Citation, DOI, disclosures and article data
At the time the article was created Frank Gaillard had no recorded disclosures.View Frank Gaillard's current disclosures
Osteomas are benign bone tumors that most commonly occur in the head. When occurring in the medullary cavity osteomas are called bone islands 5.
Osteomas are common with an equal male/female distribution 5.
Diagnostic criteria according to the WHO classification of soft tissue and bone tumors (5th edition) 5:
essential: bone tumor with compatible imaging; tumor arises on the bone source or within the medullary cavity; composed of lamellar/cortical-type bone
These lesions are benign, slow growing, and usually asymptomatic. They may be incidentally identified as a mass in the skull or jaw, or as the underlying cause of sinusitis or paranasal sinus mucocele 5.
Osteomas are benign osteogenic tumors composed of lamellar/cortical-type bone. The etiology is unknown 5.
Osteomas most commonly occur in bones formed in membrane, almost exclusively occurring in the head 5, with the most common locations including:
These are well-cirumscribed tumors broadly attached to the bone surface 5.
Two histological subtypes are recognized: compact and spongious. In cancellous bone, the bone marrow is filled with a well-vascularized and moderately cellular and fibrous stroma with inconspicuous osteoblasts and osteocytes and absent inflammatory infiltrate 5.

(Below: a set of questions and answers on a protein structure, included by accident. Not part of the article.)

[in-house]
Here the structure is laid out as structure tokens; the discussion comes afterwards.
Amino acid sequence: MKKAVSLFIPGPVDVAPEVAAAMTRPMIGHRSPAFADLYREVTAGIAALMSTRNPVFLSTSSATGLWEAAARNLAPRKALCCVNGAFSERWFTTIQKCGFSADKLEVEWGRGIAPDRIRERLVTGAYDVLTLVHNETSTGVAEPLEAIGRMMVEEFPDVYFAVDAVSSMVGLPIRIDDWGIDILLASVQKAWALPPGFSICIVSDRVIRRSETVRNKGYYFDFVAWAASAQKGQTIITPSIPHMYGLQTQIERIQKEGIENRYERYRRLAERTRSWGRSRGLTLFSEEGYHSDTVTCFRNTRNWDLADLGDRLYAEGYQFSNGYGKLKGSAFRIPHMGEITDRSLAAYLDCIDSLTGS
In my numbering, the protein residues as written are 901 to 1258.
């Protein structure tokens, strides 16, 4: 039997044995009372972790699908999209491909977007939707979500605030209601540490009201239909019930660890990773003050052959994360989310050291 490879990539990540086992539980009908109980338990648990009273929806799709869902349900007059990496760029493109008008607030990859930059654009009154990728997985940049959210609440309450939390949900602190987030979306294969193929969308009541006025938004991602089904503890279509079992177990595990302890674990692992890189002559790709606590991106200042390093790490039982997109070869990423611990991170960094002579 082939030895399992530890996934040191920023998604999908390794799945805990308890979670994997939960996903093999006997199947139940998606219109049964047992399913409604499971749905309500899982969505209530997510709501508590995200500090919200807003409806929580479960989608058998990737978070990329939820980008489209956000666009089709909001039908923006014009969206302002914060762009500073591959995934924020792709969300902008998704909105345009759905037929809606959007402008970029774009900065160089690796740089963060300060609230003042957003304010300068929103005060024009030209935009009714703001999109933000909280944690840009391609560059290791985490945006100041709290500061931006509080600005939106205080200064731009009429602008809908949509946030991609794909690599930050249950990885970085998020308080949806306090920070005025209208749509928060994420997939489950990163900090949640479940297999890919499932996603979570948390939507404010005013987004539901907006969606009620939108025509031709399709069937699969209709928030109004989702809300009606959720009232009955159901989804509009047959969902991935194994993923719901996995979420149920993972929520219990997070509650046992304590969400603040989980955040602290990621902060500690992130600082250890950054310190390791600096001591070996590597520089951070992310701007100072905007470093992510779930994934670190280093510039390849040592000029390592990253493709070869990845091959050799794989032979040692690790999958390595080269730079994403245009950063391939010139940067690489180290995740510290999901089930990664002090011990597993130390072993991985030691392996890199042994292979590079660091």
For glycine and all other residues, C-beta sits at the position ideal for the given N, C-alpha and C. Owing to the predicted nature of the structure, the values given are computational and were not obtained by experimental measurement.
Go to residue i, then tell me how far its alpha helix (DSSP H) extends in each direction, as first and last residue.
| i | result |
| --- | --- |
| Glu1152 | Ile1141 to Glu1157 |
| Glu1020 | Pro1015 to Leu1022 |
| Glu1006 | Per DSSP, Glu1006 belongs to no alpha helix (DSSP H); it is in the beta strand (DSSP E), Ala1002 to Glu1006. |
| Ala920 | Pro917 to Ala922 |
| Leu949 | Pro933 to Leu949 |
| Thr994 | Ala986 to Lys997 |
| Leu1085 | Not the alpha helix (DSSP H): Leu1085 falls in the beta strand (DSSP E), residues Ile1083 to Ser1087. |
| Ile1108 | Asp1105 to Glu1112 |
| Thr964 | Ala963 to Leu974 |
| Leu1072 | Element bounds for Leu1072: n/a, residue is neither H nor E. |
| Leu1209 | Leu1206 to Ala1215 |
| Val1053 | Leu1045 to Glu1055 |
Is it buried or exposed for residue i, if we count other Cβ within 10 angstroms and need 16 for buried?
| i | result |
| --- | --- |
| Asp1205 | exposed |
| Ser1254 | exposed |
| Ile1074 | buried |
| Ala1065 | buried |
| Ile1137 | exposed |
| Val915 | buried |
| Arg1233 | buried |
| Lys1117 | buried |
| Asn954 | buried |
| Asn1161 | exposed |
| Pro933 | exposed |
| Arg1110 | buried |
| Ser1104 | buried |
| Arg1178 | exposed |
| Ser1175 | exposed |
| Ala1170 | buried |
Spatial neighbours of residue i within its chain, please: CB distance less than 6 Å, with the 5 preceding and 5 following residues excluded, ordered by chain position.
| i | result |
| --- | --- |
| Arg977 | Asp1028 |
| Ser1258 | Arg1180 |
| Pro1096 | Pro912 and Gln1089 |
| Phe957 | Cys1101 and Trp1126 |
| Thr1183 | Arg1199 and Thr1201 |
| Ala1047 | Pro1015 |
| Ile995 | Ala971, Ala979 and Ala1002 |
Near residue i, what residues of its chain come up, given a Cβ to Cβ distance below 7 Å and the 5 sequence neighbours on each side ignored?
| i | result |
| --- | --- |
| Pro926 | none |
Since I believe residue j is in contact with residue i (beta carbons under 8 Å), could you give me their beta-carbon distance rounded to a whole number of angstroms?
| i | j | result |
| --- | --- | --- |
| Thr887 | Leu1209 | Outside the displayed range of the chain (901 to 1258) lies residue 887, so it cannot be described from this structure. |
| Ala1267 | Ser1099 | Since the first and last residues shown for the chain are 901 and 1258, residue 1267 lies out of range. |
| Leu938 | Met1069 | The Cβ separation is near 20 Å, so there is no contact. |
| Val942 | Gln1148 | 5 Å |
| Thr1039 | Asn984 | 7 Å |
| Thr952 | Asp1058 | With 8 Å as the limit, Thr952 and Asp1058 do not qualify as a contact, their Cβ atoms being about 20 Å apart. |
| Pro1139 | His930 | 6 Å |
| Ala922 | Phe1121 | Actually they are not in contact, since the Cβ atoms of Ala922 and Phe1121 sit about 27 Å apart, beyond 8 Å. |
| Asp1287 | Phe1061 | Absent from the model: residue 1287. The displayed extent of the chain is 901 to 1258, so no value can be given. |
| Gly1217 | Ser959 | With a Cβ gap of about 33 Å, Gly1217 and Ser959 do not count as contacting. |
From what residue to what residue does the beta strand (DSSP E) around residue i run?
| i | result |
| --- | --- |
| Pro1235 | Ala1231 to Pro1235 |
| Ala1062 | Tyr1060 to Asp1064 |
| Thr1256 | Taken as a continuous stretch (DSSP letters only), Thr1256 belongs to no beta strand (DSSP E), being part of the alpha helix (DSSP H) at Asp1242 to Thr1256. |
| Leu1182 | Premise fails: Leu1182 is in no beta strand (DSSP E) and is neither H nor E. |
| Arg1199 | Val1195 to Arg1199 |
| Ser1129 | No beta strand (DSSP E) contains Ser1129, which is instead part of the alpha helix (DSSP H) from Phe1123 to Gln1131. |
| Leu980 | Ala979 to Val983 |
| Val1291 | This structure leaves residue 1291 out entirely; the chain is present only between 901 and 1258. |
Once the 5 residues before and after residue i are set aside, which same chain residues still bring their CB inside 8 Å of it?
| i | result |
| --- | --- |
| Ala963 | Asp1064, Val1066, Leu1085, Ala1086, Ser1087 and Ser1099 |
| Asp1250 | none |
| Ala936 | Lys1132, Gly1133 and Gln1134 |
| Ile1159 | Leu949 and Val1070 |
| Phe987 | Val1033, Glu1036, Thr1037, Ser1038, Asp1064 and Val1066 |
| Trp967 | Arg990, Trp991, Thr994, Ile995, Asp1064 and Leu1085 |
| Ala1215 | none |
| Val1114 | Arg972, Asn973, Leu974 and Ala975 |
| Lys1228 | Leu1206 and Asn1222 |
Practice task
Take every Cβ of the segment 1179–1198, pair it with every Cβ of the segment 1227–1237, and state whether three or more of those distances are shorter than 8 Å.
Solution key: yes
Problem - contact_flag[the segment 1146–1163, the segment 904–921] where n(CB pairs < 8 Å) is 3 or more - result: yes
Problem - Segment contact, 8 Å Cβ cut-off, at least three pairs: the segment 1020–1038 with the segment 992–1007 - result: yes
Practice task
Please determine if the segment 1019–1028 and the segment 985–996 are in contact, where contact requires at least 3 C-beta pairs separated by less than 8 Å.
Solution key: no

when multiple, Gardner syndrome should be considered 5
Plain radiograph / CT
Osteomas appearing ivory-like as round, very radiodense lesions, similar to the normal cortex 5. Mature osteomas may demonstrate central marrow ref.
T1: low signal
T2: low signal 5
Mild uptake may be seen on bone scintigraphy 5.
Treatment and prognosis
Osteomas are benign and only require excision if they cause adjacent complications (e.g. mucocele formation) or mass-effect (functional or cosmetic impairment). They can slowly grow 5.
History and etymology
Osteomas have been documented as far back as 664-332 BCE in ancient Egypt 5.
Considerations include many cranial and facial bone lesions 6:
- 1. Roberto Maroldi, Piero Nicolai. Imaging in Treatment Planning for Sinonasal Diseases. (2004) ISBN: 9783540423836 - Google Books
- 2. Erdogan N, Demir U, Songu M, Ozenler N, Uluç E, Dirim B. A Prospective Study of Paranasal Sinus Osteomas in 1,889 Cases: Changing Patterns of Localization. Laryngoscope. 2009;119(12):2355-9. doi:10.1002/lary.20646
- 3. Bruce M. Wenig. Atlas of Head and Neck Pathology. (2008) ISBN: 9780721697888 - Google Books
- 4. Wolfgang Dähnert. Radiology Review Manual. (2011) ISBN: 9781609139438 - Google Books
- 5. Nielsen G, Baumhoer D, Bredella M, Sumathi V. Osteoma. In: WHO Classification of Tumours Editorial Board. Soft tissue and bone tumours. Lyon (France): International Agency for Research on Cancer; 2020. (WHO classification of tumours series, 5th ed.; vol. 3). https://publications.iarc.fr
- 6. Tarsitano A, Ricotta F, Spinnato P et al. Craniofacial Osteomas: From Diagnosis to Therapy. J Clin Med. 2021;10(23):5584. doi:10.3390/jcm10235584 - Pubmed